This proptech startup says generative building design can change the way cities are built

This proptech startup says generative building design can change the way cities are built

A number of proptech companies help homeowners find their perfect house or real estate agents sell more. However, Cedar is targeting real estate developers with some software to reduce the cost and time it takes them to source and evaluate new housing projects.

In residential real estate, it’s often taking more time and money to acquire, design and permit a housing project than it is to actually build the home, company co-founder/CEO Kyle Vansice told TechCrunch.

This, and the global pandemic, are contributing factors to the U.S. housing market not keeping up with demand as the population has grown. In fact, the market here is short around 6.5 million homes, which has pushed home prices higher. At the same time, mortgage rates have gone up.

That has inspired some startup companies to take on the housing crisis over the past few years. For example, Veev raised $400 million last year for its proprietary building system. We also previously reported on 3D-printing homebuilder ICON’s $185 million Series D.

Cedar identified this phenomenon, particularly in urban infill development, which is a way of adding housing to already developed neighborhoods to increase density, and decided to build software to solve this issue.

“It became obvious that productizing housing was a more exciting problem to solve,” Vansice said. “Our cities are 80% housing and it is the most overlooked real estate typology, and there is no software for it to help that isn’t focused on luxury or high-rise.”

How it works

Vansice and co-founders Nate Peters and Rahul Attraya met in architecture school, and even back then were thinking about designing with code and algorithms, also known as generative building design.

Vansice explained that today’s architecture firms use AutoCAD and other technology, but much of the work is still being designed on pencil and paper. Not that this is bad, Vansice says, however, when using certain software as part of their work at global architecture firm SOM, the trio wondered if that software on taller builders or bigger stadiums was “the highest and best use of the skill set.”

Cedar’s platform pulls in public data and mixes it with proprietary data and generative algorithms to assess a piece of land or property and generate an array of possible building designs to maximize the potential financial value of a property.

The company estimates this will save months of work and hundreds of thousands of dollars on each development project while improving the evaluation time by 10x.

Cedar makes money in a few different ways: First is the primary model of site-based analysis for customers on all the development scenarios available for a piece of property. The second is working with city councils and economic development entities to analyze the implications of various code amendments.

The company has around 15 launch partners and is generating revenue, though Vansice was mum on the specifics.

Cedar, Rahul Attraya, Kyle Vansice, Nate Peters real estate development software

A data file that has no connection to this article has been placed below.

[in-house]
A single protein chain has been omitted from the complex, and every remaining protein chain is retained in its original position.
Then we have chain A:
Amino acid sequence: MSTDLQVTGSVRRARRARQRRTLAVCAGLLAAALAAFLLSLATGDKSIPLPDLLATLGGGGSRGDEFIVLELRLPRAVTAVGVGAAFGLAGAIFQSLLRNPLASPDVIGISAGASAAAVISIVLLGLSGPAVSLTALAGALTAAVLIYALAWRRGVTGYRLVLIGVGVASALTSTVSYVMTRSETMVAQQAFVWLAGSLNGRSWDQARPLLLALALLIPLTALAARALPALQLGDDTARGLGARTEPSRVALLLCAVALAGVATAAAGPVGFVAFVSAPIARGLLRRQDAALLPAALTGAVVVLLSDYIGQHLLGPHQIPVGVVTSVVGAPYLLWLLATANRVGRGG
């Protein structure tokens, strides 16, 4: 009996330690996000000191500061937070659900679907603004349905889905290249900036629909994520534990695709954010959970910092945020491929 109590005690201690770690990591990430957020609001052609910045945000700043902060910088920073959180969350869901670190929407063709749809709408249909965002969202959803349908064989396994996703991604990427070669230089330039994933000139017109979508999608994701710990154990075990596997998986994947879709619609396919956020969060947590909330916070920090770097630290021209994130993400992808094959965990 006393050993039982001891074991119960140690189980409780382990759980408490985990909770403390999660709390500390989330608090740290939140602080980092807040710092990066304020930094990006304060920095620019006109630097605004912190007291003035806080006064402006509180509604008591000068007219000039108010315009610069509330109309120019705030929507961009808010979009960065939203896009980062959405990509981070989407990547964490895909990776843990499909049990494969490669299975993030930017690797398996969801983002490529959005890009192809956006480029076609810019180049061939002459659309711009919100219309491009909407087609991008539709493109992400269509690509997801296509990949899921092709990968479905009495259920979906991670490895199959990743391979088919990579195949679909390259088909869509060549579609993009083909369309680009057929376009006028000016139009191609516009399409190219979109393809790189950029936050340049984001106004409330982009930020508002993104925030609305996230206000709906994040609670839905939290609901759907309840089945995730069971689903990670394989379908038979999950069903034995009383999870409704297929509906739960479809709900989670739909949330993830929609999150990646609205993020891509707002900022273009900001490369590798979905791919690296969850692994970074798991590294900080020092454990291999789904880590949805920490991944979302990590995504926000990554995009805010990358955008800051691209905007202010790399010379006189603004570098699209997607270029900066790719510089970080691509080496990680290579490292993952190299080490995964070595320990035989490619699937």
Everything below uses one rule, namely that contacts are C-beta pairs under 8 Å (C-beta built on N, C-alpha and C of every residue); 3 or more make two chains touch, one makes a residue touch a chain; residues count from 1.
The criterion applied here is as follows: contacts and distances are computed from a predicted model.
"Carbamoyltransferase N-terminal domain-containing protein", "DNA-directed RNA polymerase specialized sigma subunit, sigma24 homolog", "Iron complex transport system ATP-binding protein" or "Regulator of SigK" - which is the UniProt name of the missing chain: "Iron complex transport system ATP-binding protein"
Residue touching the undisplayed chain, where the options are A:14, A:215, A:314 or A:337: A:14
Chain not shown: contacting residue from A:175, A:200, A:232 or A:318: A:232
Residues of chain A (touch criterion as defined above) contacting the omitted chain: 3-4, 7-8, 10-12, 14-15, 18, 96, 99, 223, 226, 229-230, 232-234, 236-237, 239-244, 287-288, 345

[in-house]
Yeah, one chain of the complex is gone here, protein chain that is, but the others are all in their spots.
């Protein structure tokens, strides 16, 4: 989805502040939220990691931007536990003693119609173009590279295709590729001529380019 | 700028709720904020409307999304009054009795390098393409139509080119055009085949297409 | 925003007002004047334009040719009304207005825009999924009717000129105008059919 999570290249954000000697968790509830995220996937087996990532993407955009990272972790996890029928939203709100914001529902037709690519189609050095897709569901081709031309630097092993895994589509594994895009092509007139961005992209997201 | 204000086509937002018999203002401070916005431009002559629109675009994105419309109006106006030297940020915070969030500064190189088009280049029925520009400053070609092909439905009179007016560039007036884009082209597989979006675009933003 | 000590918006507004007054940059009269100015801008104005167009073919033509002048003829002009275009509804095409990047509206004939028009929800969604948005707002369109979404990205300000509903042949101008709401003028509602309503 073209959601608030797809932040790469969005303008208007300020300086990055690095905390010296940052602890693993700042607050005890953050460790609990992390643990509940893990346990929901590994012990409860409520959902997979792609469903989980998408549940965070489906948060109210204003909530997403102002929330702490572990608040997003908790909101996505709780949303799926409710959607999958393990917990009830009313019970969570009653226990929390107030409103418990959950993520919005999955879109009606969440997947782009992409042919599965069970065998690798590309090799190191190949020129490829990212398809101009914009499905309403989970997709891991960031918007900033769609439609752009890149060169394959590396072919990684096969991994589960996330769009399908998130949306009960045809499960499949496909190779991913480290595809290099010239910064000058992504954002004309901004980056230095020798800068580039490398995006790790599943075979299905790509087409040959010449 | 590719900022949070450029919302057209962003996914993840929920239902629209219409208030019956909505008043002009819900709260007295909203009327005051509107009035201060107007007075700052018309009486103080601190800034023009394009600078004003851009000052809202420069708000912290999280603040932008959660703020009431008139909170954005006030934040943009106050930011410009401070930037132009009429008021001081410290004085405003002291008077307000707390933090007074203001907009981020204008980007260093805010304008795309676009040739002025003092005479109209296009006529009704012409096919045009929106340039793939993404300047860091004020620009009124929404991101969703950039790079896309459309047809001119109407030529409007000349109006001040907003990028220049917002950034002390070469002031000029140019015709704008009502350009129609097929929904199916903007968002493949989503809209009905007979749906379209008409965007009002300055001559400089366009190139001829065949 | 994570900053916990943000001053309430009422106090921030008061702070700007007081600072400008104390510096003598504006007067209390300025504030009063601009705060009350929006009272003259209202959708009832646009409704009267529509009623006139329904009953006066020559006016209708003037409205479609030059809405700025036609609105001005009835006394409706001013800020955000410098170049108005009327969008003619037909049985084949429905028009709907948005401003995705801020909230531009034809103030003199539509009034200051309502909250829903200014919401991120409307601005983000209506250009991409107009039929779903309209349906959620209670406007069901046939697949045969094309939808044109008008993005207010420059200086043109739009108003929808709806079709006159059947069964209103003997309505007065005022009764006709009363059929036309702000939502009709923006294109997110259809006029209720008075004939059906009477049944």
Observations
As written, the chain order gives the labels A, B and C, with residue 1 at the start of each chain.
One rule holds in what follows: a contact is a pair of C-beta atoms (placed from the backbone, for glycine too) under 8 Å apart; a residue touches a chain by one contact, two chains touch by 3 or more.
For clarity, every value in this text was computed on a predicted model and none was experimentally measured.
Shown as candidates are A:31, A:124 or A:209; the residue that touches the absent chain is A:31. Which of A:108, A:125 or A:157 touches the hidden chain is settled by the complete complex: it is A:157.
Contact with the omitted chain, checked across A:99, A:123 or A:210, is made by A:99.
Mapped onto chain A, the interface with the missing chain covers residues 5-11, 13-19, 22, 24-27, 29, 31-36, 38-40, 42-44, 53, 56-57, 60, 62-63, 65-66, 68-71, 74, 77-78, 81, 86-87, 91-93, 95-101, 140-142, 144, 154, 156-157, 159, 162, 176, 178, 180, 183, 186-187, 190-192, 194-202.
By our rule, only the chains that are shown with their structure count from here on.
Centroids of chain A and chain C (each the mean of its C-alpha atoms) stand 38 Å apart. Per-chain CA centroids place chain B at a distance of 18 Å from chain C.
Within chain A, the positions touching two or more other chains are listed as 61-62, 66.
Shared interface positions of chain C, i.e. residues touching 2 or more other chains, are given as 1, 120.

Cedar co-founders, from left Rahul Attraya, Kyle Vansice and Nate Peters. Image Credits: Cedar

Austin as a test case

Vansice and Attraya moved to Austin, Texas in 2020 to test out Cedar’s theory. Vansice explained that American cities, post World War II, mainly developed on single-family home zoning. However, in the past 30 years or so, there’s been a shift in people wanting to live in denser, more mixed-use areas so they can live, work and play in the same area. He sees Austin “as a battleground” test case for a city looking to densify the urban core rather than sprawl horizontally.

“We wanted to start by digitizing the land development code in Austin because it’s so complicated,” Vansice said. “Austin is really emblematic of what we see is a major shift in the way American cities are going to be developed. Developers are always saying the development code is the No. 1 blocker to getting more houses built.”

Austin isn’t alone. Cedar has identified places like Dallas, Seattle and Los Angeles working to grow similarly. These are cities where Vansice said, “there’s clearly an affordability crisis.”

Today, the company announced it closed on $3 million in seed funding. The round was led by Caffeinated Capital and included participation from developer Tishman Speyer, Kojo CEO Maria Davidson, David Rubenstein via Shorewind Capital and Alumni Ventures.

Cedar has coverage across Austin now, however, the new capital will enable the company to work on technology development and expand to more cities over the next 12 to18 months.

“Right now we do anywhere between five and 10 sites with deep diligence and deep analysis on a monthly basis,” Vansice said. “Over the next year, we want to get back to 100 sites a month. Similarly, real estate developers are looking at 10 projects now and we want them to be able to look at 100 projects in the future. This is because they’re going to find better projects with more diligence, and it’s going to increase the efficiency of the real estate market more broadly.”

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